Deya had to take me to an epic alley of romance; it had to do with a young Mexican miner who was not of sufficient class to court a young Spanish lady of status. So in order to be with the girl he rented the home across from her, the homes being so close together that the young couple could kiss at night from their windows. One evening as they embraced, the father of the girl saw them and with a knife stabbed his daughter in the back for shaming her family; her last action was to reach out to the young miner who kissed her hand as she expired. As the tradition goes you have to kiss someone in the alley. Since there were only dudes hanging around I had to kiss my wife but it wasn’t so bad.

After two short nights we left this little gem in the mountains and headed for the city where Independence was declared or known as the Cradle of Independence, Dolores Hidalgo. Here you can get ice cream made from tequila, beer and all kinds of other stuff, it is actually pretty good. Padre Miguel Hidalgo coined the most famous phrase (Grito De Dolores) in Mexican history in a city called Dolores, “Death to the Spaniards” triggering a push for independence which ended in his execution, Independence and the naming of the city after him.

As we entered the town we visited a tile manufacturer that produces some beautiful products, this type is called Talavera. It was an excellent visit and the owner is a fantastic character with a long history of craftsmanship. His products have an international market and are warranted for 50 years! All handcrafted with painstaking detail and care, these products are made with the original passion and commitment of a 9 year old boy with no father for over 70 years now. It’s quite a story and a fine product too. In the town center we hung out for a bit and had a torta (sandwich). When we returned to the bikes Steve from England had left us a good luck note; thanks for that Steve.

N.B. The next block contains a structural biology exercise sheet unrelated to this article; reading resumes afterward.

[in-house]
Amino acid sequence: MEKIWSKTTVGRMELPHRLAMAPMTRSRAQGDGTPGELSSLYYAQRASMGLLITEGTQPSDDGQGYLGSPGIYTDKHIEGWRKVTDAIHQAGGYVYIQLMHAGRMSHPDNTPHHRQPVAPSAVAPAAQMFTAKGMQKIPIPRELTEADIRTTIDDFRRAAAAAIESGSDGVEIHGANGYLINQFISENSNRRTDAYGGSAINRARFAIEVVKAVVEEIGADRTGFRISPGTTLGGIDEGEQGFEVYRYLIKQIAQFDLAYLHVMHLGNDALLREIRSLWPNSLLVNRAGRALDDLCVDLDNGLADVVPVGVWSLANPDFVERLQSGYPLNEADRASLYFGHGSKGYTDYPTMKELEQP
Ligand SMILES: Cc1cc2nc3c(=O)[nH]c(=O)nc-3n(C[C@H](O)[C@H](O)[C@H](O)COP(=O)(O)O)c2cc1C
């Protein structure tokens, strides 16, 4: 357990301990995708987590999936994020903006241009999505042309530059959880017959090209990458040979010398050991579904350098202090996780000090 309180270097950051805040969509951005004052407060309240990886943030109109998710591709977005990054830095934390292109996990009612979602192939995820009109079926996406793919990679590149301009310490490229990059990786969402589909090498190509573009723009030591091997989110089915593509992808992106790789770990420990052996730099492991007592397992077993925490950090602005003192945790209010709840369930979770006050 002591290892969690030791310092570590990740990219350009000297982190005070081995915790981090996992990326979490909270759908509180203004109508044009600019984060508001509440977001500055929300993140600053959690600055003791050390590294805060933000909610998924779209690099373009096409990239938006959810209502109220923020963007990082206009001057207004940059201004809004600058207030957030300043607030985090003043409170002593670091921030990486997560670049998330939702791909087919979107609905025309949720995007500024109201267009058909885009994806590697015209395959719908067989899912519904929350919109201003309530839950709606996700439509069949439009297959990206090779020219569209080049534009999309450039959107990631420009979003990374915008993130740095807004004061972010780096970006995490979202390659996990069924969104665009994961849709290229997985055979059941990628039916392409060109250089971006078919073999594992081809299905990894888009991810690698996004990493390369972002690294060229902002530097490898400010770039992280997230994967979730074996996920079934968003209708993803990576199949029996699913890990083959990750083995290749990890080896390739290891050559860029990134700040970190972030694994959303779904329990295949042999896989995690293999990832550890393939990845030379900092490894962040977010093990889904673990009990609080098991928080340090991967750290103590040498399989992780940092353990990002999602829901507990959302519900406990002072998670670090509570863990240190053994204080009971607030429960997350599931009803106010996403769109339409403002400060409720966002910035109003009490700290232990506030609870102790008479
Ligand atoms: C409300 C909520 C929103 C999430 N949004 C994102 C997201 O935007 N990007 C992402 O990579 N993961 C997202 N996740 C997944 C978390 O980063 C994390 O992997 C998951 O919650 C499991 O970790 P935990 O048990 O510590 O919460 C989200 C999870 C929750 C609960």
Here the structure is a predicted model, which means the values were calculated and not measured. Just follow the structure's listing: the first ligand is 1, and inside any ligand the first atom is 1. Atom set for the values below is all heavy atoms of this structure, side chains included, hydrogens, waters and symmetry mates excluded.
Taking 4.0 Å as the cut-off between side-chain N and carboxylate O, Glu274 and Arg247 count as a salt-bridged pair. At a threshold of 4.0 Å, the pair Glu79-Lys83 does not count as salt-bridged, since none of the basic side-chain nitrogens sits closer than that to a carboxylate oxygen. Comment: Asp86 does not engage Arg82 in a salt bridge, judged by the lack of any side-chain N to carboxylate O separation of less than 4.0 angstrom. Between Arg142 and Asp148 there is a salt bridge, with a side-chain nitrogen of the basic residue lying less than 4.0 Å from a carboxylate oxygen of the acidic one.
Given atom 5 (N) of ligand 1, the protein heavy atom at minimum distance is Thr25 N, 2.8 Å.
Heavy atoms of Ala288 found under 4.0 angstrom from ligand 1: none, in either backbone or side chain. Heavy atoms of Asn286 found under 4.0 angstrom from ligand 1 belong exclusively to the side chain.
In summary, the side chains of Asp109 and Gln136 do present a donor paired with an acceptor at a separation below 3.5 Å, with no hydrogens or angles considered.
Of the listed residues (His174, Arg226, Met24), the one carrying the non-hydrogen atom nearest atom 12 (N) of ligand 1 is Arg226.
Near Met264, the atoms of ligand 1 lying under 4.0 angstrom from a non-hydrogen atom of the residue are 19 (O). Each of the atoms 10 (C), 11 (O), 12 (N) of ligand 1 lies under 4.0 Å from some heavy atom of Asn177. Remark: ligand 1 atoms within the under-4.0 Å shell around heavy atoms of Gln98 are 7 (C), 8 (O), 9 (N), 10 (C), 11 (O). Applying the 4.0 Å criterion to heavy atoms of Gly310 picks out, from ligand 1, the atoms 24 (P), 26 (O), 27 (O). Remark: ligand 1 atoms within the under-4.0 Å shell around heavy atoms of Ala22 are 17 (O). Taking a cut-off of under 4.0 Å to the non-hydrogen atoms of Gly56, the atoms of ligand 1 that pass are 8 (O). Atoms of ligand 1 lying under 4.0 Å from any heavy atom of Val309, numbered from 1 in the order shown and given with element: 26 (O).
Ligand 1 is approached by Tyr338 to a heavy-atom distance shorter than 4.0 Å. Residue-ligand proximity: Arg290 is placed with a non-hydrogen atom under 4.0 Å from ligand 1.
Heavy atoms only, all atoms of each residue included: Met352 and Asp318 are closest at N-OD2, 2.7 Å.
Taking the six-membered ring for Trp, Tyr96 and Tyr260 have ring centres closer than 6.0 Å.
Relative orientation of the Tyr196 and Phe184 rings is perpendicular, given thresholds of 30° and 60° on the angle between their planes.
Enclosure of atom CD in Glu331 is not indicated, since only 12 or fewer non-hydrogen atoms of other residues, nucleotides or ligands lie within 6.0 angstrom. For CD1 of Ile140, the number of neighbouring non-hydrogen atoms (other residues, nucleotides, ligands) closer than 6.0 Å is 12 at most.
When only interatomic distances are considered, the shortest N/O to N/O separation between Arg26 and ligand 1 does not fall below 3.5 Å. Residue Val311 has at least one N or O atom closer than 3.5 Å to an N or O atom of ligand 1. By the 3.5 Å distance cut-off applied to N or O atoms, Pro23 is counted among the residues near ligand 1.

We headed out and onto the next stop which was San Miguel de Allende. The city of San Miguel de Allende is another artsy kind of place where a purse snatching would be big news. The city itself was declared a National Monument by the Mexican government in 1926 and by 1938 Stirling Dickinson (American artist) founded an art school. It’s not as dramatic as Guanajuato which also has a proud school of arts but is very nice and has a great vibe. We only spent a few hours around but you can tell right away it is a place to return too. Instead we checked out some property in the area and there are some fantastic homes around here. Can I say beautiful?, this place has some fantastic homes. We looked at some homes in a golf resort nearby, 18 magical holes with beautiful vistas and fantastic homes starting around $230,000 CND; includes a 15 years membership to the golf club, very secure and your neighbours are two of the wealthiest families in Mexico, WOW!!! You couldn’t get a home this cool in Vancouver for any price. It’s not what Deya and I are looking for but we just about didn’t leave.

We spent too long in San Miguel de Allende to make it to our next stop of Pachuca in the state of Hidalgo so we ended up in Queretaro City (in the state of Queretaro) for the evening. A little lost and tired we found the cheapest place we could get. I’m glad we found a place because my guts where grumbling and it would be a long night riding the Route of Independence.

November 25, 2010

Warning: Official Highway Robbery

Not the kind of robbery that you would think. It’s funny how the assumptions that we have and the reality of what goes on are often totally different, yet some of the results are the same. Getting officially robbed simply means that there is a formal process to it, i.e. government, not the chaotic result of random violence or opportunistic offence.

Prior to leaving Mazatlan we consulted the Canadian Consul as well as the Sub-Comandante responsible for all Federal investigations in the area to find out what kind of hazards we might face and try to determine if travelling by toll roads, as we did from Hermosillo-South, would be a better option than by the free highways (Carreteras libres). The Canadian Consul gave us appropriate advice: 4 Canadians shot, 20 people murdered every day in the state and bandits are probably looking for fast vehicles. Highway robberies and shooting in the areas we would be travelling.